think. This is where the chicks... This is typical, they drag the beak


down of the adult to try and encourage the adult to regurgitate.


To ensure that it ends up in the nest. That's a whacking great fish.


It is, but Chris, I know you are not a gambling man, but if you were


to put money on it, could you identify that fish? Not given that


blurry view. Luckily though, we have a story developer who, like


our team of story developers who watch our cameras all the time, who


clearly has a slightly unnatural knowledge of fish, his name is


Robert McDougall Davies and he gave us notes on the stuff that he had


seen yesterday. Listen to this. loving this. Between fish came in


we slowed down the footage and I was able to identify the fact that


it was a brown trout. Because of the position of the fins, and,


crucially, the colour of the fish. I can't even see the fins on that


fish. But anyway yellow hue to the belly showed that it was brown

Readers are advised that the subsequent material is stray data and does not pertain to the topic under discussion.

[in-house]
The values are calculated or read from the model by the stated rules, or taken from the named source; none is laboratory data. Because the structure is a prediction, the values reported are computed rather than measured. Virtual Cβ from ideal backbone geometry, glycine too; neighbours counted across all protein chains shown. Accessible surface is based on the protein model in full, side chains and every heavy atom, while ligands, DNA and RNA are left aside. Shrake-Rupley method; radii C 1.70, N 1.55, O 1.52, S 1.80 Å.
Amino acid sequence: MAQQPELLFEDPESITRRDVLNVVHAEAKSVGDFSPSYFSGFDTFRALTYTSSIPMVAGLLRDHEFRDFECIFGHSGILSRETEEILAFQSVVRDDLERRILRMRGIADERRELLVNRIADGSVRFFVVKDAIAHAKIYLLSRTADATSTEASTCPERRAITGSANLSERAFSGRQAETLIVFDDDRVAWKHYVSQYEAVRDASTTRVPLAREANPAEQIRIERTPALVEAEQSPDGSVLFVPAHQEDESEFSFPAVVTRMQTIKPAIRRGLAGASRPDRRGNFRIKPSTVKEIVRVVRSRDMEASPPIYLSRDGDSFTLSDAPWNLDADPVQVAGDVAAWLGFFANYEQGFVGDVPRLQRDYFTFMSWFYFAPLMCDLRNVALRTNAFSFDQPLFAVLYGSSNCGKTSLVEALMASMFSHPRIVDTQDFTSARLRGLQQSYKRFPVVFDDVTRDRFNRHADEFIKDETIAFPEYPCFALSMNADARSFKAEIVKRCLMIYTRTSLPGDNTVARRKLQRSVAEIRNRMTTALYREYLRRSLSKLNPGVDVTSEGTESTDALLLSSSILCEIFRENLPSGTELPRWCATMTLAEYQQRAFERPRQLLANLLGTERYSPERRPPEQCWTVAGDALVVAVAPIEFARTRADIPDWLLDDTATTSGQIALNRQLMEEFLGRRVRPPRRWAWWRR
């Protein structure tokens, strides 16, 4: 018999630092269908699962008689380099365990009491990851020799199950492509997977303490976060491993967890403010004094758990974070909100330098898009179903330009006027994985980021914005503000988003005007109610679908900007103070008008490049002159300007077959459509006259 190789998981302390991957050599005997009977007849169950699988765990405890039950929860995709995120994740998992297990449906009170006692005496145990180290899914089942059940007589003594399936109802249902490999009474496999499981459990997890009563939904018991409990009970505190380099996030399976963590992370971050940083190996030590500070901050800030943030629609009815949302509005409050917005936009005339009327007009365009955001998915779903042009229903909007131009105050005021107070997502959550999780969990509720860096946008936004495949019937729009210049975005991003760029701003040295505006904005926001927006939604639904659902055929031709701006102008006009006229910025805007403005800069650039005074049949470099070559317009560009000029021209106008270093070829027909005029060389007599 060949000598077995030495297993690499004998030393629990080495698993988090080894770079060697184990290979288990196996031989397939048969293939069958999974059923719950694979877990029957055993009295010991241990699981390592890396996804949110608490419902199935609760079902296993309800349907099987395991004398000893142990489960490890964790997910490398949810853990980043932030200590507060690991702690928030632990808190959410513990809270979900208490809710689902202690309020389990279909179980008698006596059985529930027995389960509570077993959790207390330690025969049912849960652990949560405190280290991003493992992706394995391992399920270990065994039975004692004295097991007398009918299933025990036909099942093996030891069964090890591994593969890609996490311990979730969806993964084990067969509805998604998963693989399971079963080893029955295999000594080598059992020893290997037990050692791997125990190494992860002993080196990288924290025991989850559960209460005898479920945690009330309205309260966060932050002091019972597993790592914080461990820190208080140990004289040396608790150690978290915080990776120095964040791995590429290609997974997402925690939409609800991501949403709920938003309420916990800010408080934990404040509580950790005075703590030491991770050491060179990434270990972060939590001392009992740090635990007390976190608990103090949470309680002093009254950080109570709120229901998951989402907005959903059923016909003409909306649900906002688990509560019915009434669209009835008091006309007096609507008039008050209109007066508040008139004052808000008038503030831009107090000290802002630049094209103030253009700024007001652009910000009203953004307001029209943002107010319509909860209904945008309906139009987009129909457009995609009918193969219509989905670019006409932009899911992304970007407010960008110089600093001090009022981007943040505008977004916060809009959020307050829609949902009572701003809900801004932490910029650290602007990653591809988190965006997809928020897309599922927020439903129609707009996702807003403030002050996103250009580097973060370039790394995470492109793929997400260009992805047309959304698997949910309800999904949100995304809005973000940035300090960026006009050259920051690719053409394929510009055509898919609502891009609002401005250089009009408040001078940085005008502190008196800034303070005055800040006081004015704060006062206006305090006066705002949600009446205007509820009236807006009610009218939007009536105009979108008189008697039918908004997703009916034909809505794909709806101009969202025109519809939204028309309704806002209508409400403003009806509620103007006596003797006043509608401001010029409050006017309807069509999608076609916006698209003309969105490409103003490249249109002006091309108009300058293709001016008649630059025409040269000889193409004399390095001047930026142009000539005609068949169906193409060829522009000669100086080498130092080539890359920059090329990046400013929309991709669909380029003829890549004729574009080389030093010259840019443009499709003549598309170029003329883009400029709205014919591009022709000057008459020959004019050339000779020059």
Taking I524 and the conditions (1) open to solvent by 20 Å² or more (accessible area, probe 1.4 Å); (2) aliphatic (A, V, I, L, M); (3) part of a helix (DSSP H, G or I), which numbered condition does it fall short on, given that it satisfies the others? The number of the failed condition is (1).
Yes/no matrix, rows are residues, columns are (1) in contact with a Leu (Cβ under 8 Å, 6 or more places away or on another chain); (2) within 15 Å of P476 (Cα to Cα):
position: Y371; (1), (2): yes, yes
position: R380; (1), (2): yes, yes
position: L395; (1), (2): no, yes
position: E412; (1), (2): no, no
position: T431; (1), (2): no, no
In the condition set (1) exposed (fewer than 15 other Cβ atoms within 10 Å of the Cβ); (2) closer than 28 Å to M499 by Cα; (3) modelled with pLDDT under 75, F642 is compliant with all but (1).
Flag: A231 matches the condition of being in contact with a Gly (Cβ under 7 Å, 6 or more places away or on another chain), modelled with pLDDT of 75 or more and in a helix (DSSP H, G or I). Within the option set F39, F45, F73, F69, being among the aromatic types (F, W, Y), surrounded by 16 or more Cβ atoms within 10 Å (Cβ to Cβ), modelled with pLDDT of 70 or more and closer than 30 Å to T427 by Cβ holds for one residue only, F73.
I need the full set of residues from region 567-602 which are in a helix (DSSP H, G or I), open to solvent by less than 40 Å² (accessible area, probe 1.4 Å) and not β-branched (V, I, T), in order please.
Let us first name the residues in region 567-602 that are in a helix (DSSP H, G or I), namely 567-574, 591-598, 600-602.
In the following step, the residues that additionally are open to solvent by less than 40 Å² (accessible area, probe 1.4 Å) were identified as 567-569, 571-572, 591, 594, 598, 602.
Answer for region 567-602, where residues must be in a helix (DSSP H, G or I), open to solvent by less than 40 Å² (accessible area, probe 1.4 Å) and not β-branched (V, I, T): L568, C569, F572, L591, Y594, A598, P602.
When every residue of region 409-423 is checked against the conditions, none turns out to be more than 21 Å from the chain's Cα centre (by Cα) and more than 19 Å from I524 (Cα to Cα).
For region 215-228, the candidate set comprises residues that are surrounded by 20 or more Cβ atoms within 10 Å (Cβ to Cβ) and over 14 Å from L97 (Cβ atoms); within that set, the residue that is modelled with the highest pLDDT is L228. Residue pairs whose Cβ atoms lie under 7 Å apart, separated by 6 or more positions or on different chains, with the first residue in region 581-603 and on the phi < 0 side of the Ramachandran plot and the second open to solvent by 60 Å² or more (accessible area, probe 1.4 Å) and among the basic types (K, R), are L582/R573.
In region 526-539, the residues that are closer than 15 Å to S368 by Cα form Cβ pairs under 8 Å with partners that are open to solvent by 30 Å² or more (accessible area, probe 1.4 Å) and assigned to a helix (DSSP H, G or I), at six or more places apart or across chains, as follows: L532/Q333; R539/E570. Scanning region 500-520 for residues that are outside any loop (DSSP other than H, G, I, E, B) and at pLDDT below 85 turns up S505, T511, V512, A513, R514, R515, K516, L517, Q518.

trout. It is called a slob trout, but slob trout is usually more gold


no-one appearance. The interesting thing here is that it tells us that


the heron almost certainly caught that trout in fresh water rather


than in the estuary. And heed that the stream that runs past our site


contains trout, and in brackets, "I've seen them." Frankly if I had


a hat I would take it off to him. knew you would be impressed, so I


took it upon hie to award himself with the honour of the geek. And


here is the photograph of him with his award. Robert, thank you very,


very much indeed stkphrflt Good on you, I -- good on you, I say.


Does it swallow the fish? I bet it does, because they have a wide gape.


That young heron gets that brown trout right down its throat. Will


they feed that trout in the same way that we've seen with


kingfishers, where we go down the same direction of the scales?